Taliban bring vigilante law to Peshawar
PESHAWAR: The Taliban are no longer at the gates of Peshawar, they’re inside, making their presence felt in the largest city in the NWFP.
Their brazen movement is a chilling demonstration of the political and military failure to resist a militant Islamist tide rolling in from the Pashtun tribal belt on the Afghan border.
“This speaks of a complete lack of control by the government over the situation,” said Mehmood Shah, a former tribal region security chief.
President Pervez Musharraf warned more than two years ago that Talibanisation, the spread of the militants’ puritanical culture, was the greatest threat that Pakistan faced.
These days Taliban fighters do not sneak in to Peshawar. They arrive in broad daylight on the back of pick-up trucks, brandishing automatic weapons, and threatening owners of music stores to close down. “They had long hair and flowing beards, and were carrying Kalashnikovs. They told me to close down the shop or face the consequences,” said Abdul Latif, a clean-shaven 20-year-old, whose video store received a visit from the vigilantes last week. “I asked police for help but they said they are helpless,” he said.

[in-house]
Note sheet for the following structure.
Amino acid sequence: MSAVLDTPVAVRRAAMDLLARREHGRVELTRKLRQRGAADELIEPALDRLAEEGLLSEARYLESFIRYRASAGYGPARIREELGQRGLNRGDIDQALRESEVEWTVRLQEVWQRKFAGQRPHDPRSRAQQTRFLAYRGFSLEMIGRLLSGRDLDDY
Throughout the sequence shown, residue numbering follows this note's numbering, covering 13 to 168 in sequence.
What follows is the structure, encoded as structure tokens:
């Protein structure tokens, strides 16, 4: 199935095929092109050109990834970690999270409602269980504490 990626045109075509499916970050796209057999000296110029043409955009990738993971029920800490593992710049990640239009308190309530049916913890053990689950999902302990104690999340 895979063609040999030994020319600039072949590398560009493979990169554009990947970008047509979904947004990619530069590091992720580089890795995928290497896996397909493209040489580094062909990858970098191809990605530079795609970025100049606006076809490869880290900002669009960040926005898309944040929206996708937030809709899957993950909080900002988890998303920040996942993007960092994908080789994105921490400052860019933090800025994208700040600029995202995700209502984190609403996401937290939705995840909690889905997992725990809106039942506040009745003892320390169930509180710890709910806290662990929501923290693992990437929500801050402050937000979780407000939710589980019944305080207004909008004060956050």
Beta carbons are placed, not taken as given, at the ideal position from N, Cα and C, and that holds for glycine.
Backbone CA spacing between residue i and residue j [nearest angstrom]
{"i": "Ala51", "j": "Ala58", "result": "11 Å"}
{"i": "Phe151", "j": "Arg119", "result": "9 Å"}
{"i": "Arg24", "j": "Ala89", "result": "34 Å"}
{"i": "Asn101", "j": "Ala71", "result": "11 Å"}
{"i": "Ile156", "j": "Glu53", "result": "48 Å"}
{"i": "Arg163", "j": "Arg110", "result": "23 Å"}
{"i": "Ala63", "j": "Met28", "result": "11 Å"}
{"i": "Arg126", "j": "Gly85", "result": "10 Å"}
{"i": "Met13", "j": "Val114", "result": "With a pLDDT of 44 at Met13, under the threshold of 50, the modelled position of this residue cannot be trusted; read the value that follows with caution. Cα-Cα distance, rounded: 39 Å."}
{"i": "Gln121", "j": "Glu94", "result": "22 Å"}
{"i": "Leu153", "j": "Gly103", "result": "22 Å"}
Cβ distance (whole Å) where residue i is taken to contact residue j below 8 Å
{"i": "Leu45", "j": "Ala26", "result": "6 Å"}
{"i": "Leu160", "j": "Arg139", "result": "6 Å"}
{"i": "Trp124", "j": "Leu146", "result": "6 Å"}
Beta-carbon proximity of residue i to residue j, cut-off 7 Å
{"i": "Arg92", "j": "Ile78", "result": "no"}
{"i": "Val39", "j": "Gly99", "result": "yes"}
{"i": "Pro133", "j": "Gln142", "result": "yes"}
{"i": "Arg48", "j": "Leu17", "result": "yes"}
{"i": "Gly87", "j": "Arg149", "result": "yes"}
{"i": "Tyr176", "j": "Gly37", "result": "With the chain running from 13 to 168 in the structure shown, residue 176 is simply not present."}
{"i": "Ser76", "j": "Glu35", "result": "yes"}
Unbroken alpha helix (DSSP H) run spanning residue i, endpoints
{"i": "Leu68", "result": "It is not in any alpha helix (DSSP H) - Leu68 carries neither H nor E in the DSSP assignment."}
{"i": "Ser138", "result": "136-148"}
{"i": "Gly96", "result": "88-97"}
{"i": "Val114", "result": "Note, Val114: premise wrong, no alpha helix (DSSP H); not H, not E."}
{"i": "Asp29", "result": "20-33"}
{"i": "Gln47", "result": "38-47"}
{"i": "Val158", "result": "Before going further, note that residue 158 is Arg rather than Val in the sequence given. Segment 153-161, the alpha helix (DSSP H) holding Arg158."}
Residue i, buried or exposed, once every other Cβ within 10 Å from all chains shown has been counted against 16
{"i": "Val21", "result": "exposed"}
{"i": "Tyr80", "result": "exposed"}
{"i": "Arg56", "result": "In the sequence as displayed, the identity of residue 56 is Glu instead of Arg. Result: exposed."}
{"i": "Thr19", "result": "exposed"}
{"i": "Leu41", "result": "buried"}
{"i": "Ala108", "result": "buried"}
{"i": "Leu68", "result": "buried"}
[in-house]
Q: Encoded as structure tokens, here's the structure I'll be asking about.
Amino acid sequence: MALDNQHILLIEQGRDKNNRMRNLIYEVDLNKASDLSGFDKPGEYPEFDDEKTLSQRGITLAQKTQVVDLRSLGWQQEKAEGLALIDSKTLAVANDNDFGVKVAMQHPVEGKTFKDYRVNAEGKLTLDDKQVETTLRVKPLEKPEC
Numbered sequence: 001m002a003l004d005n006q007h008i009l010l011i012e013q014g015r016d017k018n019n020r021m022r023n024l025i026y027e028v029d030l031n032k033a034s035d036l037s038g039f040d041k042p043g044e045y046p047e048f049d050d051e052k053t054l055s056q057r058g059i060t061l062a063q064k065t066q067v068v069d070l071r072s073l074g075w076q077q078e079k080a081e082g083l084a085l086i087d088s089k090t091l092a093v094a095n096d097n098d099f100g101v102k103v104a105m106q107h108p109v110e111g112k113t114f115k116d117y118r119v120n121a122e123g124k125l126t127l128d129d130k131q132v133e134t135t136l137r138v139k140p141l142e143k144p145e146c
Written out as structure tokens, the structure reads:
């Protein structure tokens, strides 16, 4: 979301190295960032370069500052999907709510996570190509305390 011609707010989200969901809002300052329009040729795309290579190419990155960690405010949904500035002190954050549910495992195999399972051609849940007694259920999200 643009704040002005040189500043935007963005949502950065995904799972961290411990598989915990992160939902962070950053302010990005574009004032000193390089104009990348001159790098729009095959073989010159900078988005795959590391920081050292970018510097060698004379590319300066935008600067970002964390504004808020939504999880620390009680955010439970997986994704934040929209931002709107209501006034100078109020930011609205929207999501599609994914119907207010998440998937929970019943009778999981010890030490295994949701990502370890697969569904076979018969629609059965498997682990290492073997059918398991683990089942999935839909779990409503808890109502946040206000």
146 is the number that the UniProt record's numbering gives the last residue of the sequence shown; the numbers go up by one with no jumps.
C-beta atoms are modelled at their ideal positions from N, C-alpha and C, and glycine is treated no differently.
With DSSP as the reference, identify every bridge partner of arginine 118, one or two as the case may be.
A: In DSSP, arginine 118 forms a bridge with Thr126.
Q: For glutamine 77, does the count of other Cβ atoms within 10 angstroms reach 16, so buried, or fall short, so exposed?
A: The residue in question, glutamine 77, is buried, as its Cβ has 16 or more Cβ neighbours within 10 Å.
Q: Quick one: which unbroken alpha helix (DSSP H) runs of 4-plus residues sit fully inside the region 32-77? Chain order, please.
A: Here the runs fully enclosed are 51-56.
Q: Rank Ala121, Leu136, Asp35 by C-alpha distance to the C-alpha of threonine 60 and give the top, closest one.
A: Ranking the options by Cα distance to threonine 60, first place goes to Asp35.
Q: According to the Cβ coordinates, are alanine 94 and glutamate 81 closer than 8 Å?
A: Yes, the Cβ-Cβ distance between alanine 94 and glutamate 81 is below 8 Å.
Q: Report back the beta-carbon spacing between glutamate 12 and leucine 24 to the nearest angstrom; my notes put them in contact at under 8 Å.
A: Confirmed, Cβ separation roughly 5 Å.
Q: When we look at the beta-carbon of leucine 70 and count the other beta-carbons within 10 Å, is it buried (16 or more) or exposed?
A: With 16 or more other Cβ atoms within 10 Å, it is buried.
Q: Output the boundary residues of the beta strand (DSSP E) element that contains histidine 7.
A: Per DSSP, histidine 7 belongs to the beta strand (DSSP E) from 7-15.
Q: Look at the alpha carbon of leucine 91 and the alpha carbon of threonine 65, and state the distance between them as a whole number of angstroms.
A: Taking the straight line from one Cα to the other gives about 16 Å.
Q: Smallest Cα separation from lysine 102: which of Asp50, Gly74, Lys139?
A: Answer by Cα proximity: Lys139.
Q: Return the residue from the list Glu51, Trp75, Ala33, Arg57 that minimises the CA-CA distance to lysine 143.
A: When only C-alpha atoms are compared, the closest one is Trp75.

Even Jamiat Ulema-e-Islam chief Fazlur Rehman, a member of the ruling coalition known for his past support for the Taliban and opposition to Pakistan’s alliance with the US, has rung alarm bells.
“It’s just a matter of months before news comes that the entire NWFP has slipped out of control,” Fazl warned parliament. Officials said they (law enforcement agencies) were getting ready to go on the offensive within weeks to free Peshawar from the creeping insurgency, and an anti-terrorist force of 7,000 men had been raised.
“If we don’t take timely action, we will be facing a much bigger problem,” said Malik Naveed Khan, provincial police chief, whose cousin was killed by a suicide bomber two years ago. reuters